4 Social Enterprises You Should Know About

By Sandy Garçon, Communications Manager, PSI

Over the past several years, we’ve seen a dramatic increase in the number of social enterprises – for-profit ventures with social objectives at their core – working to solve some of the world’s most pressing needs.

These social enterprises often work in areas where the state is not able to deliver and traditional businesses and non-governmental organizations don’t know how to provide the necessary services. Even worse, traditional actors might simply have no interest. In other words, social enterprises work where there is market failure.

Social enterprises use a market-driven business model to address key social or environmental challenges. Entrepreneurs are tackling problems that long constrained the development of healthy markets in low- and middle-income countries. They improve access, arrange financing, expand distribution and disseminate information to consumers and businesses.

Working across different sectors, the following four locally-based social ventures are innovating to produce sustainable impact for their countries’ economies and communities’ well-being.

LIVE WELL

Sectors Health, Supply Chain

Markets Zambia

Solution Spun off from CARE Zambia through its Impact Accelerator in 2015, Live Well provides rural communities with access to essential health products. Building on an existing volunteer network, Live Well has built a private-sector supply chain that delivers to previously inaccessible areas, and creates jobs for thousands of door-to-door sales agents.

Impact Live Well has cultivated a network of 300 Community Health Entrepreneurs, and operates in 10 rural and peri-urban communities. It offers consumers over 25 products, including over-the-counter medications, nutritional and hygiene products, and contraceptives. It will add solar lamps and cook stoves this year.

LIVING GOODS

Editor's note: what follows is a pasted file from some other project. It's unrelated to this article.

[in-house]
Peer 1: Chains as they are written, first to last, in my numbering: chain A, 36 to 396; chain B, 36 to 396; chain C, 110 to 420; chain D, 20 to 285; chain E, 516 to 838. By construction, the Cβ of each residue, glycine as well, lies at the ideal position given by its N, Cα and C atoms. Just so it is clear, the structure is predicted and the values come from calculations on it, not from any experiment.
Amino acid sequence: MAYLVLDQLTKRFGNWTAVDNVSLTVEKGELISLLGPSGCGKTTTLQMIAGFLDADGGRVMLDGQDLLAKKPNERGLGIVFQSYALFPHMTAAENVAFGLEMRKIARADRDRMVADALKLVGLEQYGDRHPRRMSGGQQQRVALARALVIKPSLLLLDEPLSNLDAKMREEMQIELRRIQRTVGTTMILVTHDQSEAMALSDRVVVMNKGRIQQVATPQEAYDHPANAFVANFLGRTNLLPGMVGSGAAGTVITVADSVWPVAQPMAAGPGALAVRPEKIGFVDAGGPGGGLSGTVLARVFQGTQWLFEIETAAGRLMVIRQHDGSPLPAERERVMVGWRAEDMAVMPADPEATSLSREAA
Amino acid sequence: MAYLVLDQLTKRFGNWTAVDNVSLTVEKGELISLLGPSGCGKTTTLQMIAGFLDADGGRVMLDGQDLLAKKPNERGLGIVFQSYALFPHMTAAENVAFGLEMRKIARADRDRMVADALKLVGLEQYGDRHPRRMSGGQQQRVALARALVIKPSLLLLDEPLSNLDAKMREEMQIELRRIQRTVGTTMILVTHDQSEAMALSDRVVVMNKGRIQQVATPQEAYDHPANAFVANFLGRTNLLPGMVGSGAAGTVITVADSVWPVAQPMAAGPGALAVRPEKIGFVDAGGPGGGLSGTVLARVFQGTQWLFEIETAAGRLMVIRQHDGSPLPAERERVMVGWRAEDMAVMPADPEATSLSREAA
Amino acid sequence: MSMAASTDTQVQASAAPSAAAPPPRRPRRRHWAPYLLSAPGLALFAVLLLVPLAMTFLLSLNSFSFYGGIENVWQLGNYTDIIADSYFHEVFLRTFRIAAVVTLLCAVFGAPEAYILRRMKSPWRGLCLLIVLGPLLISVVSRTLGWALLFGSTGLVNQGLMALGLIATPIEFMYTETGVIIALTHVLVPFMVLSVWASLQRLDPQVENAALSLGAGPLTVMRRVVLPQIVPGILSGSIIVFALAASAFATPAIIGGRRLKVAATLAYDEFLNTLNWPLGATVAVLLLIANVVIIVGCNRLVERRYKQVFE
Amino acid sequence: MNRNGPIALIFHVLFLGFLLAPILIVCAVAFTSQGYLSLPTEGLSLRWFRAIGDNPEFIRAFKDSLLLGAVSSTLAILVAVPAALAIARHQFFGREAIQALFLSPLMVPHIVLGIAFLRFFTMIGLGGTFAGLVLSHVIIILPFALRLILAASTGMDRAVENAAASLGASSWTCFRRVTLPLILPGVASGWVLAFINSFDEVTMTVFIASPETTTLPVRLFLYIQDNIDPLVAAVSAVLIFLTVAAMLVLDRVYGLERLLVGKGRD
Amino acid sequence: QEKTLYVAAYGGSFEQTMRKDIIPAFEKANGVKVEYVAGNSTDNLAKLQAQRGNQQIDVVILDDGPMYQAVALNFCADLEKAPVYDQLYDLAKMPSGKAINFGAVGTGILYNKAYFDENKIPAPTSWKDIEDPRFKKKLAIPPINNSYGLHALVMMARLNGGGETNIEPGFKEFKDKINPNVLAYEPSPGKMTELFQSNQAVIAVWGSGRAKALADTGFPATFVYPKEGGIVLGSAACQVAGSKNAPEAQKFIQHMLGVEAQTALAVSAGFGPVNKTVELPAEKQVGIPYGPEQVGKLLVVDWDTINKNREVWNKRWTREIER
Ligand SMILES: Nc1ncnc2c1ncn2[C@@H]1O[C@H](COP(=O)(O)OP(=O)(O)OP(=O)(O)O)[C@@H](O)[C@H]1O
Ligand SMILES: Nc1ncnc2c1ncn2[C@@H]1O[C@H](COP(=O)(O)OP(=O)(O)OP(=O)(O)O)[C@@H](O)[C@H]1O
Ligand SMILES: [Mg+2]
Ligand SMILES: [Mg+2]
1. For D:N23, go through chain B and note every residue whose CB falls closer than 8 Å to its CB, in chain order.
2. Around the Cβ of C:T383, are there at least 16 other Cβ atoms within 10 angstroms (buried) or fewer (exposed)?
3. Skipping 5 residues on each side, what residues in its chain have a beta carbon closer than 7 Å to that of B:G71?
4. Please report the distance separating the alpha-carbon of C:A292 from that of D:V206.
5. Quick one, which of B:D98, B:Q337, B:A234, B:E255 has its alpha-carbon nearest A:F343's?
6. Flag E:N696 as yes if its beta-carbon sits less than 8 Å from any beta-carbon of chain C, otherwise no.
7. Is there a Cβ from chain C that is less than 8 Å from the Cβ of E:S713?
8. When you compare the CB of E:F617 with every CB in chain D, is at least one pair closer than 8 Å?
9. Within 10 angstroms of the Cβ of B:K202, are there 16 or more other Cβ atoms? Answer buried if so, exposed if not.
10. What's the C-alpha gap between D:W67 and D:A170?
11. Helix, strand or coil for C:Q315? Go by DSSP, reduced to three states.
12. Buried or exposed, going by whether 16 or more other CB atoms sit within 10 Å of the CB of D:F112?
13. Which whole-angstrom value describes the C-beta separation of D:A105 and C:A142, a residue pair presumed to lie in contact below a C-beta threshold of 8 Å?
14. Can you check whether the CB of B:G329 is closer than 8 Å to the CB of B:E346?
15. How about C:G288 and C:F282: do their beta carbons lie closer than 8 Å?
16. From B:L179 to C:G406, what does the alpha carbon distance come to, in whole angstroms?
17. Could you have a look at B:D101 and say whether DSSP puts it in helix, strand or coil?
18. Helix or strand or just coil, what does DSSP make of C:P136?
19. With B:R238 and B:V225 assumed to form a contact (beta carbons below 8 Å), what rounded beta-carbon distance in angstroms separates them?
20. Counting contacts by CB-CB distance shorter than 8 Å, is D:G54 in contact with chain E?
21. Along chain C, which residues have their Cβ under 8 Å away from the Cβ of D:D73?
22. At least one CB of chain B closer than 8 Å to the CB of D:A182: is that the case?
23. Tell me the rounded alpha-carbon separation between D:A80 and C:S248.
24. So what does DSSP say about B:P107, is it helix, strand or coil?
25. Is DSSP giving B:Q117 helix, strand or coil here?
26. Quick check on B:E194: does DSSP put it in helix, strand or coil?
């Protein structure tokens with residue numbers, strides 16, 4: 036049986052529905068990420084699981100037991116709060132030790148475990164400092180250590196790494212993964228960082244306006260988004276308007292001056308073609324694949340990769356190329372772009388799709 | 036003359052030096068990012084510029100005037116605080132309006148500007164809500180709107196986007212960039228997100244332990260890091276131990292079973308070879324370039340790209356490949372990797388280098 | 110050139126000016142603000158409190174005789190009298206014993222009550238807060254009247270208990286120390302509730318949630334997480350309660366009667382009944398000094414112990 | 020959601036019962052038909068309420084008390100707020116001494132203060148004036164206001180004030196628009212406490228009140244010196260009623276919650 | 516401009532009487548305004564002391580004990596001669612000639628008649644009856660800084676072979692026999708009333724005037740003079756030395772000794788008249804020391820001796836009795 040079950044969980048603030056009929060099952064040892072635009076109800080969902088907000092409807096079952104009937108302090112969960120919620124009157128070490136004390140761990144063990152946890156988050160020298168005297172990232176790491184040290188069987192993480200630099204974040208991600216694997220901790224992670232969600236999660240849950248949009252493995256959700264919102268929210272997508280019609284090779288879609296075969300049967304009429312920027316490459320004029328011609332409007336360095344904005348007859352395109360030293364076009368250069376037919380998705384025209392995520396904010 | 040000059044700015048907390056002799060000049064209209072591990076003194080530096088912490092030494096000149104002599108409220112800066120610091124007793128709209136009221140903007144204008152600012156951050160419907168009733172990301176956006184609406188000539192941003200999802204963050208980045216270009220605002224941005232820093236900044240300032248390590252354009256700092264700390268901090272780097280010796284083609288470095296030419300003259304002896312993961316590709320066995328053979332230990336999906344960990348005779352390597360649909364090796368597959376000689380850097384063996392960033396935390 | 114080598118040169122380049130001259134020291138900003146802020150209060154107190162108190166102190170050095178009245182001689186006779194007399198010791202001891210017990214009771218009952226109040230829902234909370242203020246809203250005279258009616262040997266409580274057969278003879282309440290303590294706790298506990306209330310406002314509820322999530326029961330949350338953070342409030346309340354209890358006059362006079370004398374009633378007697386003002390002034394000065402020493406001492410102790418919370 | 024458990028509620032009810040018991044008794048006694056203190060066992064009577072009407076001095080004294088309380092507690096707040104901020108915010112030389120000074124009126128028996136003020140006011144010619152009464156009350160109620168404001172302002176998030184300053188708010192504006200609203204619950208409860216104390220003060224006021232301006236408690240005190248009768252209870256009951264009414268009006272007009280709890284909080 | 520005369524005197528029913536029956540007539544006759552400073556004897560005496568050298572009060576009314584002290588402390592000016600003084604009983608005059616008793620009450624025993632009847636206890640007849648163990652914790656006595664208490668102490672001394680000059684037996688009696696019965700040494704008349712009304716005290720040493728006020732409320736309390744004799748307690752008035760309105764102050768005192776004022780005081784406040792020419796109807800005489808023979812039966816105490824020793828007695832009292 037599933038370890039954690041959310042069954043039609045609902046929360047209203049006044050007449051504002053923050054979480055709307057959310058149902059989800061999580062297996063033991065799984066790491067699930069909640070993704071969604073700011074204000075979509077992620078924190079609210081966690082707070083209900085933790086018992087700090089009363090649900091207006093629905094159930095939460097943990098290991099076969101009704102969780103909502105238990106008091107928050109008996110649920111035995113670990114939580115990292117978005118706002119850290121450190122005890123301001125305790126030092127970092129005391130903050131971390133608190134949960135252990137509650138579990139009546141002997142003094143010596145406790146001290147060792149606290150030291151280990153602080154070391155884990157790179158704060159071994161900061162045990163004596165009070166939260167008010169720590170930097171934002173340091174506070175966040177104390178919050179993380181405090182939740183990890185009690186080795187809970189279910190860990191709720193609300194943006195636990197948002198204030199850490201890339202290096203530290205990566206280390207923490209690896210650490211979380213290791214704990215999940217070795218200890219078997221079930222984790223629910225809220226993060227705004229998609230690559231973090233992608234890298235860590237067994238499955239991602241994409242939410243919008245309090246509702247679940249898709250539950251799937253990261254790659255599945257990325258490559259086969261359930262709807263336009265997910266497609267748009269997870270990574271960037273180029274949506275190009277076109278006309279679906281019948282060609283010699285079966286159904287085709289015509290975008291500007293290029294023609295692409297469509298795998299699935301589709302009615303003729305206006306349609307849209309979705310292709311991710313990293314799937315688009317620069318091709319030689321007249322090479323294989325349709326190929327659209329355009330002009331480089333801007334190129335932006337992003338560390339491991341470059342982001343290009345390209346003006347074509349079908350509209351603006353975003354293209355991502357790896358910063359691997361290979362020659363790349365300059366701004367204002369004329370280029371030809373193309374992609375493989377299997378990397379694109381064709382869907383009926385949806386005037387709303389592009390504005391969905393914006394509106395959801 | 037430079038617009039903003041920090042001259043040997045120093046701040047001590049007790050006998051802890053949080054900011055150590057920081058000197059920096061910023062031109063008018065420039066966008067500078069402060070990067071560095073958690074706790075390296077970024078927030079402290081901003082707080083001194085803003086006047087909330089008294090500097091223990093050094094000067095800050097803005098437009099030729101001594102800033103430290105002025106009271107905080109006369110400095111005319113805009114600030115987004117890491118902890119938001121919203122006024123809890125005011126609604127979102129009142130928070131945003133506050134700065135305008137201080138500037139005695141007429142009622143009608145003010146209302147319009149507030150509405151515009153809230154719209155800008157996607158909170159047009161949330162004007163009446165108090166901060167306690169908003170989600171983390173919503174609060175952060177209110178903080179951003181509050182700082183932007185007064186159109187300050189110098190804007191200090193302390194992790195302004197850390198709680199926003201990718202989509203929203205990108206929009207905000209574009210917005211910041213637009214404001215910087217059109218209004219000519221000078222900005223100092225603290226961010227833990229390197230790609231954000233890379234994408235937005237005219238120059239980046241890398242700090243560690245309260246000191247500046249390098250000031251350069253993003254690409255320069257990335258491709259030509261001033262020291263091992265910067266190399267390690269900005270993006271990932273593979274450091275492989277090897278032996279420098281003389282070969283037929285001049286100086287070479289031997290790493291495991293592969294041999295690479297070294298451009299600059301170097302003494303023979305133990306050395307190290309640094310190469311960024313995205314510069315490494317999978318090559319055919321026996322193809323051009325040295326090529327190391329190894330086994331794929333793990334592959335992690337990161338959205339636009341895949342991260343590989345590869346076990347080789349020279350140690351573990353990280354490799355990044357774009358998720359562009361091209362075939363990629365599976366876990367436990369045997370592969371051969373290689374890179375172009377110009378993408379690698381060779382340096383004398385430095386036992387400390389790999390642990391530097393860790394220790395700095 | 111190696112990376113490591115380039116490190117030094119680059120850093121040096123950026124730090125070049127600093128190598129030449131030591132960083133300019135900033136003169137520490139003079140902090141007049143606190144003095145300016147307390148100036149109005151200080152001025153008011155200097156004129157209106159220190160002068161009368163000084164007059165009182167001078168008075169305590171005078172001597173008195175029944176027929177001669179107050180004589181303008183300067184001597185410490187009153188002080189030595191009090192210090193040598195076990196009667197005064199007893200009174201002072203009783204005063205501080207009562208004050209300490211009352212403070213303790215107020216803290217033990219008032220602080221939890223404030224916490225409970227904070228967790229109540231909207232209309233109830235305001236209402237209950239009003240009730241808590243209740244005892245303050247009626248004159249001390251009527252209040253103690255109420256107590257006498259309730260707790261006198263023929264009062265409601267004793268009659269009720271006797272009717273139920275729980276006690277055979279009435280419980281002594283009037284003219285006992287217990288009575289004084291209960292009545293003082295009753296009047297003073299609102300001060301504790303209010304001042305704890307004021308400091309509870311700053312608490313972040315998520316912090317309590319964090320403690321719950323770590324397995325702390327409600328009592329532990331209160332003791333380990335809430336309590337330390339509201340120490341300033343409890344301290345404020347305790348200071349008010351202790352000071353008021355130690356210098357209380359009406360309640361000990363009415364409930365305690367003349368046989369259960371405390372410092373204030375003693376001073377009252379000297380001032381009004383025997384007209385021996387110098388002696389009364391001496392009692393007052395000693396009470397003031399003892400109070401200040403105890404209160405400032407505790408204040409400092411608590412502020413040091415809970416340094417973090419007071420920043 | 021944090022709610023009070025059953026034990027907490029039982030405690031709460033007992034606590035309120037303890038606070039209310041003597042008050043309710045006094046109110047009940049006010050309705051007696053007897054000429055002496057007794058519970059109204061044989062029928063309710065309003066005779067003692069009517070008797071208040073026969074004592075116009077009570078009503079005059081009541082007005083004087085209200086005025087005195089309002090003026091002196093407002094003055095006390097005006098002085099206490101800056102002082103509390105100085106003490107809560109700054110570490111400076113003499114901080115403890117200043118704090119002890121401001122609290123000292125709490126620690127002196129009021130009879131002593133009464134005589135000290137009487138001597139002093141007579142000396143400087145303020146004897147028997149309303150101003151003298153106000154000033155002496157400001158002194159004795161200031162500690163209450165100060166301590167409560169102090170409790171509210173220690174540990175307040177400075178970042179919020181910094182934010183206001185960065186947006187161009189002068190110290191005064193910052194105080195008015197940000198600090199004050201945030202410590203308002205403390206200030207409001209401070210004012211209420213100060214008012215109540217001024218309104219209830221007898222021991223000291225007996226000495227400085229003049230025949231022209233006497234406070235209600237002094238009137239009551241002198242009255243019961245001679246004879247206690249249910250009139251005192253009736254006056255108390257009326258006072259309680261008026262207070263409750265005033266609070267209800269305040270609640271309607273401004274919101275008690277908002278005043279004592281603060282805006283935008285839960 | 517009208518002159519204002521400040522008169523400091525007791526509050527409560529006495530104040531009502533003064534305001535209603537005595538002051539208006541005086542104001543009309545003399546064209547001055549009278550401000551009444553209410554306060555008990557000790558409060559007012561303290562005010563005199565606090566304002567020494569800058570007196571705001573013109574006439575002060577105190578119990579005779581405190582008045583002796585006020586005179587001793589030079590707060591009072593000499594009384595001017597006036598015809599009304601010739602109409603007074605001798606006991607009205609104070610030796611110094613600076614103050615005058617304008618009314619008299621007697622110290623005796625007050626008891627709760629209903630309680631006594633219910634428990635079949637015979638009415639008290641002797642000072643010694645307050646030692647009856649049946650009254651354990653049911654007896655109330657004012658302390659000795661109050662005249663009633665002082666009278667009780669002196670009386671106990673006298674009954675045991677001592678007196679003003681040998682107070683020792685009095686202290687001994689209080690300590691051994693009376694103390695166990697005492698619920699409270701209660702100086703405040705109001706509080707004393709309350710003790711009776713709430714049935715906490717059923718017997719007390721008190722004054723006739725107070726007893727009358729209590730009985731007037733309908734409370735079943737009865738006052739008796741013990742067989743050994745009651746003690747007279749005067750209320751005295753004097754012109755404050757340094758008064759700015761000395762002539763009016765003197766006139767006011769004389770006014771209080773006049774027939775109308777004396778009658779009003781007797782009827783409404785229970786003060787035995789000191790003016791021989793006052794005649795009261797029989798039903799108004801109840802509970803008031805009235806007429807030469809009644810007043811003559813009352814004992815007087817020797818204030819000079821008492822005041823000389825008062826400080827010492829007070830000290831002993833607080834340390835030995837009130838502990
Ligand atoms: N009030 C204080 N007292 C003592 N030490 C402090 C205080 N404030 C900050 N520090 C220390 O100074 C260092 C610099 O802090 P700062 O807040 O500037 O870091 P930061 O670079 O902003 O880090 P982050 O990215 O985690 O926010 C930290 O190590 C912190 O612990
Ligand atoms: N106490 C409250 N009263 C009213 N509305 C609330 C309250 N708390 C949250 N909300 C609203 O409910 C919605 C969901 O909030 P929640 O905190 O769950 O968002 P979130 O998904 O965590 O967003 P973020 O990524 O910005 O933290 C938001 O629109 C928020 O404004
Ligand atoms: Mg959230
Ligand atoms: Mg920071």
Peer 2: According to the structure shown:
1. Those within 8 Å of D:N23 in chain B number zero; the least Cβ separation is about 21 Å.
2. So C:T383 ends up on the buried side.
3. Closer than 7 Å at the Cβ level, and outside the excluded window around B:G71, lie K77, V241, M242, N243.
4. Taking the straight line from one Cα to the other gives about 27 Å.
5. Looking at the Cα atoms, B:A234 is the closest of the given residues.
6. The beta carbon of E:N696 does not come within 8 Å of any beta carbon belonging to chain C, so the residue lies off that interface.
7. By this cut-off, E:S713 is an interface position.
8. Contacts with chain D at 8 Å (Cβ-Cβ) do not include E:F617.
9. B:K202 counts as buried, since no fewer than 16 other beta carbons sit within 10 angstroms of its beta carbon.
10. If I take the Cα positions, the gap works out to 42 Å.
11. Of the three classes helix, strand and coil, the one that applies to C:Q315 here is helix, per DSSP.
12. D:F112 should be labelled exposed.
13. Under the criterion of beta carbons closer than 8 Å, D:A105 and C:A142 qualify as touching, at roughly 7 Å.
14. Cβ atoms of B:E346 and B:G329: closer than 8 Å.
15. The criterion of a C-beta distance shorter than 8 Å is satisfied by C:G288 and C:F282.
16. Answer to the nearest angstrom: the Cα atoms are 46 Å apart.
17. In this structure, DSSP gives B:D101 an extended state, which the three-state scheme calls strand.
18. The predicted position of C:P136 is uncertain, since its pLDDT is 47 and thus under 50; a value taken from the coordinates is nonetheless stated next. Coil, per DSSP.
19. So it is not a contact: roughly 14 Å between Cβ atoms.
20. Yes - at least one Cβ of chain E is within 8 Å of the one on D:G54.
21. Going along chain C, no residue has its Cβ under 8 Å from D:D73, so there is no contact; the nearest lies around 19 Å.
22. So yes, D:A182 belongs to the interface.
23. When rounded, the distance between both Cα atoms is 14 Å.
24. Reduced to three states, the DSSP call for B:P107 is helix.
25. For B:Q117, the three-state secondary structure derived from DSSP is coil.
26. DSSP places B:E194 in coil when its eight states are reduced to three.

Sectors Health

Markets Kenya, Myanmar, Uganda and Zambia

Solution Living Goods provides services in maternal and child health, nutrition and reproductive health. Community-based health systems tend to be under-funded, under-stocked, and under-managed. Living Goods recruits, trains, and supports networks of Community Health Promoters (CHPs) who go door-to-door to deliver health education, diagnose and treat illnesses, support pregnant mothers and newborns, and sell products. They make a living from sales and incentives, addressing one key challenges of motivating and retaining community health workers.

Impact Living Goods will grow to over 5,000 Community Health Promoters and reach over 5 million people by the end of 2016.

SOKOWATCH

Sectors Logistics, Supply Chain

Markets Nairobi, Kenya, and Dar es Salaam, Tanzania

Solution Sokowatch provides companies with a simple, consistent, and reliable distribution channel to meet the demands of the informal market. Employing retrained street hawkers, Sokowatch allows shopkeepers to order products – from medicines to personal care items – via SMS for guaranteed 24-hour delivery free of charge. Sokowatch sustains operations through partnerships with manufacturers including Unilever and GlaxoSmithKline.

Impact The Sokowatch network has agents across Nairobi and Dar es Salaam. Sokowatch already supplies about 5,000 shops in the Nairobi area and is expanding to cover other key urban markets in East Africa in 2017.

FARMDRIVE

Sectors Agribusiness, Financial Services

Markets Kenya

Solution FarmDrive is a Kenyan-based social enterprise that connects underserved smallholder farmers to lenders, while helping financial institutions expand lending. FarmDrive provides a digital record-keeping platform that enables farmers to track their activities using a mobile phone. Their information, combined with existing agricultural data, is used to develop a credit profile.

Impact Since beginning operations in May 2015, FarmDrive has registered nearly 3,000 smallholder farmers in Kenya. Over KES 13 million (USD $128.000) have been lent. Finally, FarmDrive has partnerships with satellite companies, insurers, data analysts, and development organizations to both scale and improve its impact.

Photo © Living Goods / Photo by: Esther Havens

This article is part of an ongoing conversation about #MakingMarketsWork in Impact Magazine No. 22 “Are We Thinking Big Enough” issue. Join in the conversation with @PSIImpact.

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